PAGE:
Marijuana Smokes the Competition, Pulls in Key Victories on Election Night

“Marijuana was on the ballot in nine states Tuesday, gaining sometimes-sweeping approval in all but one.

California, Nevada, Massachusetts and Maine all approved measures legalizing the recreational use of the Schedule I drug, while Florida, Arkansas and North Dakota voted to allow cannabis for medical purposes only. Arizona was the lone holdout, with 52 percent of voters rejecting the recreational use legalization measure. Additionally, while Montana already had a medical marijuana law, voters decided to roll back restrictions on that law.

The recreational use of cannabis is now legal in eight states, which are home to almost a quarter of the nation’s overall population. Cannabis for medical use is now legal in 25 states and the District.

Activists are pointing to marijuana’s triumph in this election as a turning point for the drug, which is federally classified as Schedule I, indicative of the “most dangerous” label, alongside heroin and LSD. For one, California is the most populous state in the country; and Massachusetts puts the east coast on the board.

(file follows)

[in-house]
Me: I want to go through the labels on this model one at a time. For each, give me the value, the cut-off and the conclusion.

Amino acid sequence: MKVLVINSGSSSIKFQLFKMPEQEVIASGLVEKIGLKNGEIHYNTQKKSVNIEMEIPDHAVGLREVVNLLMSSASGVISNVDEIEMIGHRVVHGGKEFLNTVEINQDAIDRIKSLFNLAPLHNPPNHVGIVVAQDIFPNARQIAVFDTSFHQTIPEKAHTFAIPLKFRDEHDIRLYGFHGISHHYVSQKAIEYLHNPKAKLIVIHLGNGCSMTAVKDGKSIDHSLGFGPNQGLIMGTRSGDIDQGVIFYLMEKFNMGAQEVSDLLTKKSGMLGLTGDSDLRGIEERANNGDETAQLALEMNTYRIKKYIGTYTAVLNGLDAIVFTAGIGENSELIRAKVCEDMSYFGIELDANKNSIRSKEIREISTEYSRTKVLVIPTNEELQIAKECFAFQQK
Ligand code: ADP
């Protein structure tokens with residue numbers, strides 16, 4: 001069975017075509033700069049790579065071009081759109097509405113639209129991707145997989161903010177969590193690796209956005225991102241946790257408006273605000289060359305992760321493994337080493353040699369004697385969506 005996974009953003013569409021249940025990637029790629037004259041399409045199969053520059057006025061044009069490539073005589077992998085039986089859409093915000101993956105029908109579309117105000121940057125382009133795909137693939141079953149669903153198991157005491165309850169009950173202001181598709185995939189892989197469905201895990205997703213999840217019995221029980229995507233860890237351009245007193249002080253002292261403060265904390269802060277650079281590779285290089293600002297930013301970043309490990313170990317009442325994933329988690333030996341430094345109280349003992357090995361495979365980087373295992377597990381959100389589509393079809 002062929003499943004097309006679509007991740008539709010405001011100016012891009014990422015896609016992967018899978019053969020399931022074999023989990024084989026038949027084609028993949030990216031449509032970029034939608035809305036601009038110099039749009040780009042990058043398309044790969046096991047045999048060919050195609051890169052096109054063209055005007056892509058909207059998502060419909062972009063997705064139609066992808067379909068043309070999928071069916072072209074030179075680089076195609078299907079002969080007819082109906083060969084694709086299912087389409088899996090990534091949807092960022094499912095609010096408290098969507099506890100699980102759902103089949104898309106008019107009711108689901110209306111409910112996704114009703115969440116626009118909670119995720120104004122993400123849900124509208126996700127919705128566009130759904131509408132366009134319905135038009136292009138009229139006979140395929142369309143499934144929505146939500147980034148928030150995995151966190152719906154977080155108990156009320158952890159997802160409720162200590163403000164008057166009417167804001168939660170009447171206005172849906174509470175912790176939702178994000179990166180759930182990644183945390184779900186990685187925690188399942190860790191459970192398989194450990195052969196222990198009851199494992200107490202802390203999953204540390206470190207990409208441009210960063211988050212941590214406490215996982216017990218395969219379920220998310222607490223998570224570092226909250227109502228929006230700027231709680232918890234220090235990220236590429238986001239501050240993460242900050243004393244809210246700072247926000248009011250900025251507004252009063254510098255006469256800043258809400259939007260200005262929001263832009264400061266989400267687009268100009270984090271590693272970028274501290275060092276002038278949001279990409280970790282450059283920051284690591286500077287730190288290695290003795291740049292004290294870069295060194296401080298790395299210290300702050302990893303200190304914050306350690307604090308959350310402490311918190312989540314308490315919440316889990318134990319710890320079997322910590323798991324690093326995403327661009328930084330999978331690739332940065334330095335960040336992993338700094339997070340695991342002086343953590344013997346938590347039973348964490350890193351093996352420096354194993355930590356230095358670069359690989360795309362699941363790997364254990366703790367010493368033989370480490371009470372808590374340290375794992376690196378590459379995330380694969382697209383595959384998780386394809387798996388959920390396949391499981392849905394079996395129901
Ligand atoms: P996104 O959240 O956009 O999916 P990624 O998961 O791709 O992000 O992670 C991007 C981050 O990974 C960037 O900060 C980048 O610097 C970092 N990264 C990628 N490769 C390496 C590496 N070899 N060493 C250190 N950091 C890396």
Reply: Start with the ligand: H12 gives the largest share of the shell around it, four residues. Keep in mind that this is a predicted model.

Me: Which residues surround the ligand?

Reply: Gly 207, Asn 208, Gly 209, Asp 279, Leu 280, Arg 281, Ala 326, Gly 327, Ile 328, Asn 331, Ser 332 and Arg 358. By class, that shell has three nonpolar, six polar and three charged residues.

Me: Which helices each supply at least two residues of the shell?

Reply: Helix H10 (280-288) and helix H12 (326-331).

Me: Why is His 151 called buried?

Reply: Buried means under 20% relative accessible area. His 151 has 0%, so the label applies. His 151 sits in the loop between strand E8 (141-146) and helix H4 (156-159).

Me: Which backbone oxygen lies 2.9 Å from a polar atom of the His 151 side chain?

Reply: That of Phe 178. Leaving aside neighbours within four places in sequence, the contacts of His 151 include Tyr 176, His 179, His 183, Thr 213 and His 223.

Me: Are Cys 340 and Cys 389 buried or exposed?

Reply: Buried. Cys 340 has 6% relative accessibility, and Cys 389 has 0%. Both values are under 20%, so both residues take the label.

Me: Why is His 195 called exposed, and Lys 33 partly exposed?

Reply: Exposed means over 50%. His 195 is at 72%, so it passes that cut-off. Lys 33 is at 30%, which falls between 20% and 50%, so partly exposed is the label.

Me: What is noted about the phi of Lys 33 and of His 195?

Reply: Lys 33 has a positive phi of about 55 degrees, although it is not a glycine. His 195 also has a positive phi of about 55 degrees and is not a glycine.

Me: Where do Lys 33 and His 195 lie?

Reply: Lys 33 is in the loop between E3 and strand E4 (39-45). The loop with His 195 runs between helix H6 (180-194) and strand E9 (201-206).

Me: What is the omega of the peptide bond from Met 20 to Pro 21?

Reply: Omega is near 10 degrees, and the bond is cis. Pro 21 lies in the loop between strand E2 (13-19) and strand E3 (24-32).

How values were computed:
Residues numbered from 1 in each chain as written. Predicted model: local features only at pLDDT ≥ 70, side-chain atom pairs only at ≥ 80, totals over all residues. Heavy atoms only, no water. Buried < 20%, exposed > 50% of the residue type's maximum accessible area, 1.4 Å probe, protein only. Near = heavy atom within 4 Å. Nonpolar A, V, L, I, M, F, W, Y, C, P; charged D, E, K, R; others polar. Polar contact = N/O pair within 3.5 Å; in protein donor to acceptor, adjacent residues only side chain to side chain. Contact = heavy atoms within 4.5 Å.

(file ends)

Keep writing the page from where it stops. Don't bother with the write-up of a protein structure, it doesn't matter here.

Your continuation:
The Associated Press said, collectively, it was the closest the U.S. has ever come to a national referendum on marijuana. Under President Barack Obama, individual states have been afforded the opportunity to go forward with their own legalization measures, despite the ban on cannabis at the federal level. However, that could all change when President-Elect Donald Trump enters the office in January 2017. This could all quickly go south for marijuana activists depending who Trump appoints to his cabinet, as well as his own personal feelings on the drug. He has flip-flopped in the past, saying he supports state’s rights to choose, but also calling Colorado’s legal marijuana industry a problem.”

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